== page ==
Making the garage look less like a conversion and more like a room requires careful planning.
For a well executed finish, keep the palette of materials used on the new frontage to a minimum, matching them to the original house as closely as possible. 'Avoid "bolting on" the new brickwork as this looks unsightly on the front of a house, and instead ask the builder to fully tooth and bond the new work in. Older garages often contain electric and gas meters and surface mounted pipes in all the wrong places. Consider resiting pipes and meters if boxing them in looks clumsy,' advises Nigel Lewis.
Assuming you've got the proportions of the room right, there are various tricks you can use to make the room feel like it's always belonged to the rest of the house. The main thing is to match the basic decorative components of the room, in particular to the room it adjoins. So, try your best to find the same flooring, get the same window or door fittings, have skirting made that matches that in the rest of the house, and buy light fittings that not only do justice to the space, but also co-ordinate with those in the rooms beyond.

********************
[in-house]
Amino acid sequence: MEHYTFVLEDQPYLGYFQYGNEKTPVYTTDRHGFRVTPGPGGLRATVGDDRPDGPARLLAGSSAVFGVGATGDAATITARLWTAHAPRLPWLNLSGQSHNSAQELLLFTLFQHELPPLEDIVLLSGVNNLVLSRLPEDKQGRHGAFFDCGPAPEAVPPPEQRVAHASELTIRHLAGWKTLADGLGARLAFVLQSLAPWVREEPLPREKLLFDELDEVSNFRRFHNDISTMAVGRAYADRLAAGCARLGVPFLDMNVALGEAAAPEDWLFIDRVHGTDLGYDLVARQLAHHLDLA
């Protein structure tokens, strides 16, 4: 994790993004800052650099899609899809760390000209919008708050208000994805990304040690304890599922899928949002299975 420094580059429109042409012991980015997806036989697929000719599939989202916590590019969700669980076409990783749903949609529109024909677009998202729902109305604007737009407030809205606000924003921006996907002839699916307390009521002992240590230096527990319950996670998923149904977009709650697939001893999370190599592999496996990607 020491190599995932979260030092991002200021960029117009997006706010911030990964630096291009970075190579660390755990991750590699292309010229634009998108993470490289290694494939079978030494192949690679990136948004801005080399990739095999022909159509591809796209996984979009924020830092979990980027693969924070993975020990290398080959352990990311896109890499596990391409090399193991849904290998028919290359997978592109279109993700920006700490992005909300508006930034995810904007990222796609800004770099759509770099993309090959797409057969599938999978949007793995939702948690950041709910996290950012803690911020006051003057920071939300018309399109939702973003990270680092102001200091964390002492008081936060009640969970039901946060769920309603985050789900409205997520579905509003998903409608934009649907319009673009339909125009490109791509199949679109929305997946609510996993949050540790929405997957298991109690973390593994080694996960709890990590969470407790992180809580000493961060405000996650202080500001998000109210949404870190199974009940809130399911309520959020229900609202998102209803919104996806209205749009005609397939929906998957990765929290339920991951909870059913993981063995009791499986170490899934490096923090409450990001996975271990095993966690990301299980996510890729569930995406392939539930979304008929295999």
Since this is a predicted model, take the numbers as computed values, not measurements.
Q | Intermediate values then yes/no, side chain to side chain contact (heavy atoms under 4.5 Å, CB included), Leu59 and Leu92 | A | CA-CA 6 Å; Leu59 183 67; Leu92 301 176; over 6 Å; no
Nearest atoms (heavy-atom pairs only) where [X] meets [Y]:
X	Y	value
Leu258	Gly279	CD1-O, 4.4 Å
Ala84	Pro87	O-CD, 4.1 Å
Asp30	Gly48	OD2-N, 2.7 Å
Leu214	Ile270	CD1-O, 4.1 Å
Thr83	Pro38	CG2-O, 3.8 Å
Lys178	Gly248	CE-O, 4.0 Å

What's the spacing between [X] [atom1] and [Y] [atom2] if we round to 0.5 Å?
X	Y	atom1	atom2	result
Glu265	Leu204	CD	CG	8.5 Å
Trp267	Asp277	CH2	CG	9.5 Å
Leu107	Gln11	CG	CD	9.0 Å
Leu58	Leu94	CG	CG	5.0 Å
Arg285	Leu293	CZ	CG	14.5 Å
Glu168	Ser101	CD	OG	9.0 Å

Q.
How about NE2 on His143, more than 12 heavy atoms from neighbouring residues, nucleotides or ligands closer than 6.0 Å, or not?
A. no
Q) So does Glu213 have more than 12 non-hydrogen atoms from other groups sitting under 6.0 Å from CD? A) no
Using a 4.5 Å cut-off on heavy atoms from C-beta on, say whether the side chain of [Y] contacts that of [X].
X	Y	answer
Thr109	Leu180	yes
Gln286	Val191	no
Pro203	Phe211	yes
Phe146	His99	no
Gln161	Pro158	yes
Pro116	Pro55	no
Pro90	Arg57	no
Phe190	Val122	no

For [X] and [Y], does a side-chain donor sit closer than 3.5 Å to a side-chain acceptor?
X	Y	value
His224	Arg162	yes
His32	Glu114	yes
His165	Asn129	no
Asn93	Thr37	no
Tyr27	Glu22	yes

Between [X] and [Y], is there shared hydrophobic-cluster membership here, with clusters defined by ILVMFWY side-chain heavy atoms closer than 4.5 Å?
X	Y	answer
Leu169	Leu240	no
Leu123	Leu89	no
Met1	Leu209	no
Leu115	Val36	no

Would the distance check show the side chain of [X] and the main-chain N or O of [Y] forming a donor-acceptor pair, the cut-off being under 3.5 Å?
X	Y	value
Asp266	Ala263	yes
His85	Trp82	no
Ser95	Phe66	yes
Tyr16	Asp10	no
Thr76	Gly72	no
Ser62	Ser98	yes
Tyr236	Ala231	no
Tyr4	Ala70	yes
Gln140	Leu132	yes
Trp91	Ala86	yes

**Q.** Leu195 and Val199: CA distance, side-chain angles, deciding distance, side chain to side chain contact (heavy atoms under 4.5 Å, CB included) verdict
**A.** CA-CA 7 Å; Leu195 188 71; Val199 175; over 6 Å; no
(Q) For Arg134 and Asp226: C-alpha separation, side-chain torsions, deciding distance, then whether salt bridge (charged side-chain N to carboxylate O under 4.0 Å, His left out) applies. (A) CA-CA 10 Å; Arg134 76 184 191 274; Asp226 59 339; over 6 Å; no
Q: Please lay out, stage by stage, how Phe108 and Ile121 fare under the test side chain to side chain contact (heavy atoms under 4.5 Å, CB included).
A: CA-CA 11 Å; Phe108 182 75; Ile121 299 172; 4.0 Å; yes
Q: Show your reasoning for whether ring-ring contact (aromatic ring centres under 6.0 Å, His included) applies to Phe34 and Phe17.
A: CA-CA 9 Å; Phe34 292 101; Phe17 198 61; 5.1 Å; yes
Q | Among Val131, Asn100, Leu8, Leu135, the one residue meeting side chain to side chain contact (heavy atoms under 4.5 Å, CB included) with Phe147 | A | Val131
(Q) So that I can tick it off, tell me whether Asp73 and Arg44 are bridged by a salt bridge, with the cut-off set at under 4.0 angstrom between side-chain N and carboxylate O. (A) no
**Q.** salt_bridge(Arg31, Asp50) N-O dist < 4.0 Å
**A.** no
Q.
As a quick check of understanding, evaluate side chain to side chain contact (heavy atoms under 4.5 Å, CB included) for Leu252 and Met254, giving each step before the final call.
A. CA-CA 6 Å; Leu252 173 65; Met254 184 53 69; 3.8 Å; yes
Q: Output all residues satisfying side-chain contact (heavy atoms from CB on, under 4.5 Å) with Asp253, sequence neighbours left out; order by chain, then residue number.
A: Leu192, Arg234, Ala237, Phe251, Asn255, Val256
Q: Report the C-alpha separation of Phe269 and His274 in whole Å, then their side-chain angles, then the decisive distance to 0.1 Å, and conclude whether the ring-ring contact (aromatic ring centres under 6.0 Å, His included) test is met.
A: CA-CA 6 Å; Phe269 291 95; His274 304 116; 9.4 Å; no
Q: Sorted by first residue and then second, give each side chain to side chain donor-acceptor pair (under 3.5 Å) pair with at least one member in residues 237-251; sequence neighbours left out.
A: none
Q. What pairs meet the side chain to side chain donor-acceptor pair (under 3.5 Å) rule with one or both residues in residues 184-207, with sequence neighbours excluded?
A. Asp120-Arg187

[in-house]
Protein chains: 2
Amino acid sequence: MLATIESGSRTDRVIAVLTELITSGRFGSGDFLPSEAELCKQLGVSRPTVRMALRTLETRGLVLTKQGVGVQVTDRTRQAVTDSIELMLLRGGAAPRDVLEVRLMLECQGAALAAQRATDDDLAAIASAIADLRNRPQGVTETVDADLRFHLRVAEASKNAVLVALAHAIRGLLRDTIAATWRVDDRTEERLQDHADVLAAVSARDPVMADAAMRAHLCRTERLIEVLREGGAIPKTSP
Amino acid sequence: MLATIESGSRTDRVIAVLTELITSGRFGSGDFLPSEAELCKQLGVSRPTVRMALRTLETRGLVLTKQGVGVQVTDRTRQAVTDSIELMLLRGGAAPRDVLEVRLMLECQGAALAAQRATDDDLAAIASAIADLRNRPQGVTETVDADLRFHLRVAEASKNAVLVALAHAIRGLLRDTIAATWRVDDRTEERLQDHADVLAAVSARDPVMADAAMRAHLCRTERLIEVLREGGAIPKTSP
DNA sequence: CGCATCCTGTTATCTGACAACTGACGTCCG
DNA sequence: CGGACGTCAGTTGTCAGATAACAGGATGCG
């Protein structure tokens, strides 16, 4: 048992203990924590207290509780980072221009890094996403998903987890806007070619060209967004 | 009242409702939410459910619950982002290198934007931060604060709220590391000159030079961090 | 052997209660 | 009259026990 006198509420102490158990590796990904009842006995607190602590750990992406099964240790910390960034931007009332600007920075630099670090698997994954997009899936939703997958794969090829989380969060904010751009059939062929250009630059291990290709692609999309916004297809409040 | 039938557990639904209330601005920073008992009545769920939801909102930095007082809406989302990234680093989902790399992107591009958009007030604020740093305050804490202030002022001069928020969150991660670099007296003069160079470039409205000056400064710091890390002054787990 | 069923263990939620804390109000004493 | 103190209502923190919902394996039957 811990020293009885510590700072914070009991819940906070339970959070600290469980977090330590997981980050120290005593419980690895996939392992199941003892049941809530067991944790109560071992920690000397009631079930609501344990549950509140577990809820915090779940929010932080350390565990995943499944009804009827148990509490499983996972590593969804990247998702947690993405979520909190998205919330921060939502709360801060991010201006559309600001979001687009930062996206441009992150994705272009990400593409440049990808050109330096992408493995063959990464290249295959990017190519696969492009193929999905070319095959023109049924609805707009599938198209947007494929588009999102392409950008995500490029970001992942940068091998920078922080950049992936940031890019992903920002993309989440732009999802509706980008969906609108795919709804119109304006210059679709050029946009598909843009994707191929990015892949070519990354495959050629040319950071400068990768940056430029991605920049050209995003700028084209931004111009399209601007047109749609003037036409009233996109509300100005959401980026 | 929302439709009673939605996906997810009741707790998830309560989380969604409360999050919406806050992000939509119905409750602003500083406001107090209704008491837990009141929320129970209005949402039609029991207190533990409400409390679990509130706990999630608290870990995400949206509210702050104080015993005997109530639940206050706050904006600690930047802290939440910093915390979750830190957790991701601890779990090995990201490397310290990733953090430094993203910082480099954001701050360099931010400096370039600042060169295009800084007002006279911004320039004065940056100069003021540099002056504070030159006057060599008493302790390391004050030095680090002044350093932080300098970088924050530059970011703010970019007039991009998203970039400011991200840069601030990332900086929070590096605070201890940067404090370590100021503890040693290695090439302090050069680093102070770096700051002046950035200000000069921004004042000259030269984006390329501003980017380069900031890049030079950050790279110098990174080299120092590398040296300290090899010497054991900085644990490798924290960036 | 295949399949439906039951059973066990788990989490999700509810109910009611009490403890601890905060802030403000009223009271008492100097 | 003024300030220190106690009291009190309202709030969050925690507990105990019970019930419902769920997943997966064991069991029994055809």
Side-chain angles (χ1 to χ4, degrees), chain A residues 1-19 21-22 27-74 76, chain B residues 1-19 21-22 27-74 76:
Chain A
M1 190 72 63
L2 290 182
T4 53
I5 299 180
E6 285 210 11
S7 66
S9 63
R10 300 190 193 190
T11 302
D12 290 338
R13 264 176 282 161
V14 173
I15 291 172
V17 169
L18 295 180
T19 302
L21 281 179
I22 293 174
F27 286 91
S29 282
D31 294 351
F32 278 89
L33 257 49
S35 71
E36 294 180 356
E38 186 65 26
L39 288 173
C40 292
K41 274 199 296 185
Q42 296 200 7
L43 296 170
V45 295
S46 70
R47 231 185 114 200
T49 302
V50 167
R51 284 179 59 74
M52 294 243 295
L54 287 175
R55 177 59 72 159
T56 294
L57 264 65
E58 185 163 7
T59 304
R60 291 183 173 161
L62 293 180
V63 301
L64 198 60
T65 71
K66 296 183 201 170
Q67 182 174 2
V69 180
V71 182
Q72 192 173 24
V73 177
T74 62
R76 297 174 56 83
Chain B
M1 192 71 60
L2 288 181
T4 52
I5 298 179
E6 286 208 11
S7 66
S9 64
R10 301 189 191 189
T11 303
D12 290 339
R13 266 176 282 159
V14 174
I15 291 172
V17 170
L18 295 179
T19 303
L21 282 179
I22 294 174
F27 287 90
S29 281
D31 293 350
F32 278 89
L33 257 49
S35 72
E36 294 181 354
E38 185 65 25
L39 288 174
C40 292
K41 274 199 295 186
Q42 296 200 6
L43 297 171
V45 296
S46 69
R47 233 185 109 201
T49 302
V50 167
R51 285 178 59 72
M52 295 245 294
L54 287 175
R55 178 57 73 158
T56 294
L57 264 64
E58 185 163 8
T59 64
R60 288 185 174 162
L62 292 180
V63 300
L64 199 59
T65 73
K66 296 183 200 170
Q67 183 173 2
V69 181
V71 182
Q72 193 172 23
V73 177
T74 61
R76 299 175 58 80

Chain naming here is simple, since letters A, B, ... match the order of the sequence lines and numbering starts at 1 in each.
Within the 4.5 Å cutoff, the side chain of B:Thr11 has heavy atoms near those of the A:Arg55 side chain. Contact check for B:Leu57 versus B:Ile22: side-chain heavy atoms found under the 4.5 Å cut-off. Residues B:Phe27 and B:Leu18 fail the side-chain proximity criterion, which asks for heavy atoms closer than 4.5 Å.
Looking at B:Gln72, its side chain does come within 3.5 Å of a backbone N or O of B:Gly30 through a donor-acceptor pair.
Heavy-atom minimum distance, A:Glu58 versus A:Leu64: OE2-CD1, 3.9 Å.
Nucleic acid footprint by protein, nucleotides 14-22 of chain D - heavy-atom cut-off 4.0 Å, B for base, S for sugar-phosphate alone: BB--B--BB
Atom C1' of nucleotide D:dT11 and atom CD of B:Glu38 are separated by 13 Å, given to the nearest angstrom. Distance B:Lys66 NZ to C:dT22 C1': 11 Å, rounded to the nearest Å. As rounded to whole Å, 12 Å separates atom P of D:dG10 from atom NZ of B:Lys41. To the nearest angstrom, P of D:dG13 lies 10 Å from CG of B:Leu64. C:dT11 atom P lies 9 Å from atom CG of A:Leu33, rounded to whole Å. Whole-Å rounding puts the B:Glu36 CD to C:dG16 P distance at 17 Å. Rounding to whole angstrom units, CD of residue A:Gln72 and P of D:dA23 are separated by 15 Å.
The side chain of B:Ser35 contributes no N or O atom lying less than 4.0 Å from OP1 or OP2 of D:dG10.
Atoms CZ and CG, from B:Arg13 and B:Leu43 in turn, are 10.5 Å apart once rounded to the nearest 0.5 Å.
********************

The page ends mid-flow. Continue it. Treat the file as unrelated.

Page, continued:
Choose paint colours and finishes that make the room feel bigger - bearing in mind that most garage conversions are quite small - and make the most of any available daylight by keeping windows uncluttered and by hanging mirrors to reflect light and enlarge the space visually.
Find furniture that matches the proportions of the room, too. It might be that you have to buy smaller pieces so that the room doesn't feel crowded and cluttered - or look for versatile buys that combine storage within them, too.
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